Wouldn’t you know it? I forget to wear me Irish green today! I told meself, "Wear your green, Seamus!" but lo I forgot. That’s OK…St. Paddy’s Day isn’t really a big deal in Korea. I manage to avoid being pinched for not wearing green. In an office atmosphere heavy on protocol (at times politically correct), that’s relatively easy to do. Expatriates love to celebrate Ireland’s national holiday with green beer or a pint o’ Guinness imported by local faux Irish pubs. When asked about St. Patrick’s Day, Koreans told me that they knew about the holiday but don’t observe it. (Obviously–the Irish don’t really celebrate Buddha’s Day either, so fair is fair). Ireland and Korea have some similarities, not the least of which being that both have been historically dominated by island neighbors to the east, England and Japan. Both experienced recent economic dynamism; Ireland as the "Irish Tiger" and Korea as an "Asian Tiger." South Korea also looks a wee bit like Ireland on a map. Both have large Christian populations, and both nations have a unique, passionate spirit that is not easy to characterize. Both are political divided into north and south portions and have suffered violence over the years as a result of this political divide.
So much has changed over the past couple of years. Two years ago I was an MBA student en route to Ireland for an MBA study tour. I was a student tour leader leading a motley group of 21 on a school visit to London, Munich, and Dublin. I was not in Dublin on St. Paddy’s Day, unfortunately, but I fondly remember my visit to the Emerald Isle. We visited the Intel Corporation facility and the U.S. Embassy, an odd-looking circular building located in the suburbs. I remember thinking how nice it would be to work there. Maybe I will in the future. We also made a pilgrimage to the historic Guinness Brewery and toasted with free pints of Guinness on the 7th floor observation tour overlooking the brewery and city. Ireland is a wonderful place to visit, a hidden gem. Visiting Ireland is worth the trip. Don’t stay in Dublin, though–get out and see the beautiful Irish countryside. Rent a car and have fun driving on the left hand side of the road. I highly recommend visiting Newgrange, an ancient Celtic site older than the pyramids in Egypt, and Glendadough, an old monastery, if you have time to make a couple of daytrips. 2003 was the year when I finished my MBA, when my son was born, and when my dream of joining the Service moved one step closer to reality. It seems so long ago, yet when I think about how fast time passes now it does not seem so long ago.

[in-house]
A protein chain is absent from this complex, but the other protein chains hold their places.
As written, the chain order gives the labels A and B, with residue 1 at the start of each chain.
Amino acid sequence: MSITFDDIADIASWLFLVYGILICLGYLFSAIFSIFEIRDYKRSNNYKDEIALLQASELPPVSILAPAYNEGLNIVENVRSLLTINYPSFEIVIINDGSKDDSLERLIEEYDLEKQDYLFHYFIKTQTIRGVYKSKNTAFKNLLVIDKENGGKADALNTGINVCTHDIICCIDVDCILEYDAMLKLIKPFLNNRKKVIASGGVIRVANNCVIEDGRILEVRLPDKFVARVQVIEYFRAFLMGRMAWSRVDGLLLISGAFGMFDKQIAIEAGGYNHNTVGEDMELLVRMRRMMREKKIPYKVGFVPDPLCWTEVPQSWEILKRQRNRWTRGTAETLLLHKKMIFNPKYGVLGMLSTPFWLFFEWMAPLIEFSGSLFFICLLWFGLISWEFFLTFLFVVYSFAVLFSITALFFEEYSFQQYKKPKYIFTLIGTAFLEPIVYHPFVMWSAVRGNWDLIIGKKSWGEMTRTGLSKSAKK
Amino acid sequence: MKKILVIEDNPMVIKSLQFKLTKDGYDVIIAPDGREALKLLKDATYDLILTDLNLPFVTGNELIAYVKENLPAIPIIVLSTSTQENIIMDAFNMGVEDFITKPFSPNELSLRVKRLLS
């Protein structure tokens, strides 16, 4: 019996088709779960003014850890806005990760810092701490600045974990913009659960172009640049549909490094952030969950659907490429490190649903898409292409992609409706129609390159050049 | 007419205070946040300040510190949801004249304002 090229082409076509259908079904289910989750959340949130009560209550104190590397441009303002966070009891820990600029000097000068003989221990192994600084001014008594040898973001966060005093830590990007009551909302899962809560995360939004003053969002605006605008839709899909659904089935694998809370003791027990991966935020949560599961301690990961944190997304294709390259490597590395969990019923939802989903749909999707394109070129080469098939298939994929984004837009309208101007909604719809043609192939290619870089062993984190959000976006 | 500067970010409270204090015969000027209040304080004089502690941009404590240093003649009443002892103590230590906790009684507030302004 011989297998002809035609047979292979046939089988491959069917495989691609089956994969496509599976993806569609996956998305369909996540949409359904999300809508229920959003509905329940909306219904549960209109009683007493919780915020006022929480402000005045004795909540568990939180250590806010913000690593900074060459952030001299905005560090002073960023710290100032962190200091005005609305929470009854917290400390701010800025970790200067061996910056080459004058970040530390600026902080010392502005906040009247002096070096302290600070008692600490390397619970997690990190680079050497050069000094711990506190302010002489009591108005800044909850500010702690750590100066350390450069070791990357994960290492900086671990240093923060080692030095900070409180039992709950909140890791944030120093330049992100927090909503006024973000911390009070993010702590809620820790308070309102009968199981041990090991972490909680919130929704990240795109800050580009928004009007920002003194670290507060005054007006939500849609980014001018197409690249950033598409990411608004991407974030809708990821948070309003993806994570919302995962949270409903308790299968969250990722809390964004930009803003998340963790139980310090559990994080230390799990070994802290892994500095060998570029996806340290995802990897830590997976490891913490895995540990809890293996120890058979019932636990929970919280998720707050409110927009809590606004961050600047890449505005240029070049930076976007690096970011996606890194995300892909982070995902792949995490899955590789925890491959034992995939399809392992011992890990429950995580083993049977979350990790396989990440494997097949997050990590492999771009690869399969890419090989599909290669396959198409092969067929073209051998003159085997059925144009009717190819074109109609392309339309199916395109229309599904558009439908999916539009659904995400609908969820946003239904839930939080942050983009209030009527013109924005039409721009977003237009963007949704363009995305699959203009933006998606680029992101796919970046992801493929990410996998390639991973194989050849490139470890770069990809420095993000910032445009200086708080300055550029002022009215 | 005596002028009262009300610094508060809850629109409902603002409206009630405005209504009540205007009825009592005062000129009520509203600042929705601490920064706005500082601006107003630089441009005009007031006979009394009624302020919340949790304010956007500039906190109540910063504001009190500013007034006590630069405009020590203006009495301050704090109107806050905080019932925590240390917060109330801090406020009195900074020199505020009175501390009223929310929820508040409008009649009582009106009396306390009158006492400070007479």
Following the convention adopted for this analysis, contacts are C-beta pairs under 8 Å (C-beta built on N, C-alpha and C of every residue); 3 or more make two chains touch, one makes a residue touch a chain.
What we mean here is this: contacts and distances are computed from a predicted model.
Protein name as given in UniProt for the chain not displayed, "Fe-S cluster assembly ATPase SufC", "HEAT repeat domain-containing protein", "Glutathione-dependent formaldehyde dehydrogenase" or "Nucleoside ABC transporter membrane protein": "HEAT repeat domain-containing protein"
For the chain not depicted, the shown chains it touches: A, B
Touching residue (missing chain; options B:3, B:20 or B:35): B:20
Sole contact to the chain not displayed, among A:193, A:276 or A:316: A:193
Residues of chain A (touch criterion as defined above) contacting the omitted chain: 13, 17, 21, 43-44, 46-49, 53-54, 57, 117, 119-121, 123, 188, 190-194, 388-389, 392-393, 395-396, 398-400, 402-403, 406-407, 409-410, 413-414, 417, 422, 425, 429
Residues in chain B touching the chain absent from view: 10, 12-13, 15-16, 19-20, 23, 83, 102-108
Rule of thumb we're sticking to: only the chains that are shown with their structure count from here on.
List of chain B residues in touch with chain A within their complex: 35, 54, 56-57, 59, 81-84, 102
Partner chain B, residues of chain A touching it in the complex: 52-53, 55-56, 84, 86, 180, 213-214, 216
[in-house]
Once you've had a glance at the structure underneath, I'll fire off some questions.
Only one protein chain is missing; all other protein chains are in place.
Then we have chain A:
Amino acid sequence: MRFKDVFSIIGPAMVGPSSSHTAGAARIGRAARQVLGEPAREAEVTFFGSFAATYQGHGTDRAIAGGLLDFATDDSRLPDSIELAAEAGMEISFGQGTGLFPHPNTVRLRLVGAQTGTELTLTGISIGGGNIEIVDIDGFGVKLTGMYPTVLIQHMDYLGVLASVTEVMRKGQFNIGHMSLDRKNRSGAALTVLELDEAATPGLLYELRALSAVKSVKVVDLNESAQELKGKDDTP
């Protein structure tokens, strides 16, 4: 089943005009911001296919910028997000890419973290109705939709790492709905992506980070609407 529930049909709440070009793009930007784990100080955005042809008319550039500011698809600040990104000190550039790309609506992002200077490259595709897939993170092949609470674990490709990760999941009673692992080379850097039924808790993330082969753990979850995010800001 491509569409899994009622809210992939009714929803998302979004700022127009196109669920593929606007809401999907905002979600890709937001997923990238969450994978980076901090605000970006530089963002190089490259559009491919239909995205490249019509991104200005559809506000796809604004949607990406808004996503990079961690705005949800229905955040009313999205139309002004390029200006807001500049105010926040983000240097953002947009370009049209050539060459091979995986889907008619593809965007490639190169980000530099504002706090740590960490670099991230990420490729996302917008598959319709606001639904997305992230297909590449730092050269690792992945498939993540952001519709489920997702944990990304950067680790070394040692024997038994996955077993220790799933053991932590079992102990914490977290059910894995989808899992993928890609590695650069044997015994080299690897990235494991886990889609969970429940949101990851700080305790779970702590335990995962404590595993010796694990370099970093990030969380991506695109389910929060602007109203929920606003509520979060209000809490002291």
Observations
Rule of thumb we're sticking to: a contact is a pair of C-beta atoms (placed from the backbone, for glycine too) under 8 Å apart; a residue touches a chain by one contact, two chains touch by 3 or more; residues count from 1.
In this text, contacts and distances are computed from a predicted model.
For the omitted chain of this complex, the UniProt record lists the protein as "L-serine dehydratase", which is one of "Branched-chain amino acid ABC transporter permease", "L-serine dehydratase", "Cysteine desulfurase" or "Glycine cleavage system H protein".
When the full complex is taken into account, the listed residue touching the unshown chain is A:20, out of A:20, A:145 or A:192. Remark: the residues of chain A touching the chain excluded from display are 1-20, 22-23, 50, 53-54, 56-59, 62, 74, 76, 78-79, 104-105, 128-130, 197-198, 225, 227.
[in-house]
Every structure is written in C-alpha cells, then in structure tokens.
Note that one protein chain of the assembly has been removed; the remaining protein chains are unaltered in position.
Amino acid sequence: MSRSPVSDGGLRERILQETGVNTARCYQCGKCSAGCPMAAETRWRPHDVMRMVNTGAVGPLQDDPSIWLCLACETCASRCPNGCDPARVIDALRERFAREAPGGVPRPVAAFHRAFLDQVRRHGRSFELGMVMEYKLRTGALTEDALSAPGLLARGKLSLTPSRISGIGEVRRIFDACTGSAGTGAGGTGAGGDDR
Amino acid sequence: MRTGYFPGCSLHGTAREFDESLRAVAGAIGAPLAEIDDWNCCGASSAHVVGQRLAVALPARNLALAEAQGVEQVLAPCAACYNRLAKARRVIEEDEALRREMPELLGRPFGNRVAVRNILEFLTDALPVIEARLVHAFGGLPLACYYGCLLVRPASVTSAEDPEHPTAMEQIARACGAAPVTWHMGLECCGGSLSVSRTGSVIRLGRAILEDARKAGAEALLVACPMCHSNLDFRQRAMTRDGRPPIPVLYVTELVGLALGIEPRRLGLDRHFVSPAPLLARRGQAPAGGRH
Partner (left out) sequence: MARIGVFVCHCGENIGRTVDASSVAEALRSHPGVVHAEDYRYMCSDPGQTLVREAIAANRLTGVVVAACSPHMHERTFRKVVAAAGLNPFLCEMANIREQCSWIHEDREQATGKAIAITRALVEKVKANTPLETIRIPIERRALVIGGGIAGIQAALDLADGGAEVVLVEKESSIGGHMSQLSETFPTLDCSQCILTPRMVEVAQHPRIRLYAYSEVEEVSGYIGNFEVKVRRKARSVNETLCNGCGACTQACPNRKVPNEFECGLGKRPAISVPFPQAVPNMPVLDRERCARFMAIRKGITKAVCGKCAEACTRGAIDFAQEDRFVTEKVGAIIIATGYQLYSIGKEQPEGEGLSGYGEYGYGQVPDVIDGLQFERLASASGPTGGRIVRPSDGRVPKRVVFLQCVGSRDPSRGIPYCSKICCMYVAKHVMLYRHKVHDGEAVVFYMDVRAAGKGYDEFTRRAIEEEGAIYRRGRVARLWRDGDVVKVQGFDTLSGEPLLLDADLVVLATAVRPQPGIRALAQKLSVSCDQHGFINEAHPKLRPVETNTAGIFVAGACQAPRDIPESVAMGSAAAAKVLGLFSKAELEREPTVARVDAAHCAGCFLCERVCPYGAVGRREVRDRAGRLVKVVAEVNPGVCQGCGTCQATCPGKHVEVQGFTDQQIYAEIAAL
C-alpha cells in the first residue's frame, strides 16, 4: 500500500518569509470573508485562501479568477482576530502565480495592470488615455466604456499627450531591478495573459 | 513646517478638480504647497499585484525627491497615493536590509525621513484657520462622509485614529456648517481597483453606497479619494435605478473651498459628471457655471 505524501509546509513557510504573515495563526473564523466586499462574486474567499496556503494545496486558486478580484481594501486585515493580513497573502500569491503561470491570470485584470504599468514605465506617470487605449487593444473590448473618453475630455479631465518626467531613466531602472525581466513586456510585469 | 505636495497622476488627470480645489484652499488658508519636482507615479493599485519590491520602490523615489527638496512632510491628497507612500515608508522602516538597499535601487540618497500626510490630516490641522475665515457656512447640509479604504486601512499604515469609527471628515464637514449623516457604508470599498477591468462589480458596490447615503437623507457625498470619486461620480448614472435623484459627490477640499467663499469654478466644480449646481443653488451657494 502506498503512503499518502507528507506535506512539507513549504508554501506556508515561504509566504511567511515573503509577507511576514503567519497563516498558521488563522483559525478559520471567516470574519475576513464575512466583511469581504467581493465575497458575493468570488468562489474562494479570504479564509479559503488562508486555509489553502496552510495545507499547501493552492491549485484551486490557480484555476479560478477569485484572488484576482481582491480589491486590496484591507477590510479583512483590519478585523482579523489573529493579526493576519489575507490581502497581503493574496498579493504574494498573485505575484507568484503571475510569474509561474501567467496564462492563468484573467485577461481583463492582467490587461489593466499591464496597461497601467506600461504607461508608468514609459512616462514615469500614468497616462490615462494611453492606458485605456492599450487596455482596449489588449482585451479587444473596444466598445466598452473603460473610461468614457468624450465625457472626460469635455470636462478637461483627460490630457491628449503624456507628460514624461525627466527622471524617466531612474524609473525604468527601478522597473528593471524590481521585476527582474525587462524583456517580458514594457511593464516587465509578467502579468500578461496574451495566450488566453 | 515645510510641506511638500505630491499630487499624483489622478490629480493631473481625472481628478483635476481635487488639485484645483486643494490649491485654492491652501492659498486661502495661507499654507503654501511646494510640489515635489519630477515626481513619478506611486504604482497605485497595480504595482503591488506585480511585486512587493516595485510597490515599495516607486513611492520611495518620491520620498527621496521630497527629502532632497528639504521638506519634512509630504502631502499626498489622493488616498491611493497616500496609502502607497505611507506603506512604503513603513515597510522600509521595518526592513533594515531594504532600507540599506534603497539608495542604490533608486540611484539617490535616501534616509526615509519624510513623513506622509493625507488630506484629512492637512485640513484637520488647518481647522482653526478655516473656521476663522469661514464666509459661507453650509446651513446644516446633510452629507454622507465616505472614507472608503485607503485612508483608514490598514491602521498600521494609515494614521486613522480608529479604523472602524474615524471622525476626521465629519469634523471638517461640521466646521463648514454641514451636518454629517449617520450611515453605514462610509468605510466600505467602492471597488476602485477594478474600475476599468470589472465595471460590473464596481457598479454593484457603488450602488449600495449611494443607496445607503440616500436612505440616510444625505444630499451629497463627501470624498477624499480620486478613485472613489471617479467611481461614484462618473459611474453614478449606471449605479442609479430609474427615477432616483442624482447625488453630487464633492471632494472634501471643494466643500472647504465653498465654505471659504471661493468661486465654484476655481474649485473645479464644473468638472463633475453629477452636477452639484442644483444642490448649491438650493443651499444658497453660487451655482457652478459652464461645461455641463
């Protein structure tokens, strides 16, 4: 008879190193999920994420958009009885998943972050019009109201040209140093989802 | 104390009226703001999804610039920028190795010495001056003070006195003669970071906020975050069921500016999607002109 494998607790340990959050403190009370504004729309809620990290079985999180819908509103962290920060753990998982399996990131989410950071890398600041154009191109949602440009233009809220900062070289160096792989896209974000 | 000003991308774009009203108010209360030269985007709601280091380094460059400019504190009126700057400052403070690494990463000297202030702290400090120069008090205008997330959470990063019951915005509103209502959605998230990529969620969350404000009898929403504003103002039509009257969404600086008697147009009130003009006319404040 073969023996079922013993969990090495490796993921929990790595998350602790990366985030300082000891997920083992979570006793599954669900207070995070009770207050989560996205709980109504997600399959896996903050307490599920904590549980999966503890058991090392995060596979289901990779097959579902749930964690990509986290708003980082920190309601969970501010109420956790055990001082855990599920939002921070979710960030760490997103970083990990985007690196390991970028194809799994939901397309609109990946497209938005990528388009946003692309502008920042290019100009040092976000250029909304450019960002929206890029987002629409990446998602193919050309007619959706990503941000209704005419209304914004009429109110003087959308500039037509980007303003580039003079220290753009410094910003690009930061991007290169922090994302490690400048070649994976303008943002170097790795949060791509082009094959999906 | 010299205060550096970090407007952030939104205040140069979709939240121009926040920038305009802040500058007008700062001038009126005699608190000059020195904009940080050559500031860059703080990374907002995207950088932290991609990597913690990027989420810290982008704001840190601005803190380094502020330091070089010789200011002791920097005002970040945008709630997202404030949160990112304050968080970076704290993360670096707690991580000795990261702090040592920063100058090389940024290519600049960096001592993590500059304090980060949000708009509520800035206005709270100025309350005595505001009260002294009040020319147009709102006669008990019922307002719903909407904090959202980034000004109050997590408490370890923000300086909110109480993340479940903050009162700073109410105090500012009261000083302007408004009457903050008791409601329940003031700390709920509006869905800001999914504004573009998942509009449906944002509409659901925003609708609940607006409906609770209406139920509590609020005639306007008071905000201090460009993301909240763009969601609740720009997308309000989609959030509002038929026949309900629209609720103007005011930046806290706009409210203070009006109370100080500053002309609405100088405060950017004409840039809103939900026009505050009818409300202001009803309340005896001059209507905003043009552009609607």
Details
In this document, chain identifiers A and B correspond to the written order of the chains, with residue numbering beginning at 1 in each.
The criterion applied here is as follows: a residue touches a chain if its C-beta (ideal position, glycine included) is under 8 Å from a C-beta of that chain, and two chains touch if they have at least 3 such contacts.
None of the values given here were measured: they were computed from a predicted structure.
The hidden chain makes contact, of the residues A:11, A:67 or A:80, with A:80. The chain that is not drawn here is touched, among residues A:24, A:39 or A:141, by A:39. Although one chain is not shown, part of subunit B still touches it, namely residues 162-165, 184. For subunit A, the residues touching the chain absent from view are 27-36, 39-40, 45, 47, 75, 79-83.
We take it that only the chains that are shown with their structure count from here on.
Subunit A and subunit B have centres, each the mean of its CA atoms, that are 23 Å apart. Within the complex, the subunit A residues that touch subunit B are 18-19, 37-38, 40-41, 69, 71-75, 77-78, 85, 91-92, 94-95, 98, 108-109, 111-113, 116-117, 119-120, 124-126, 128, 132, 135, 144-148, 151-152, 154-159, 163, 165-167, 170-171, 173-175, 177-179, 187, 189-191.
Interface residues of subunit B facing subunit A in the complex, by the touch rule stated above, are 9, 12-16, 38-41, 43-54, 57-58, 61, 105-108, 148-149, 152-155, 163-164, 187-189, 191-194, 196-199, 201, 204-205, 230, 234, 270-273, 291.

Today I had the honor of meeting Andre Kim, Korea’s premier fashion designer. Andre Kim’s unique design style is a fusion of western and Asian styles. I was happy to meet such a famous and well-regarded person. Today is also our one-month anniversary living in Korea. One month ago tonight we arrived at Incheon and embarked for our new home in Seoul. It’s hard to believe how fast time has passed here. We’re only here for two years. Our Korea tour will be over before we know it!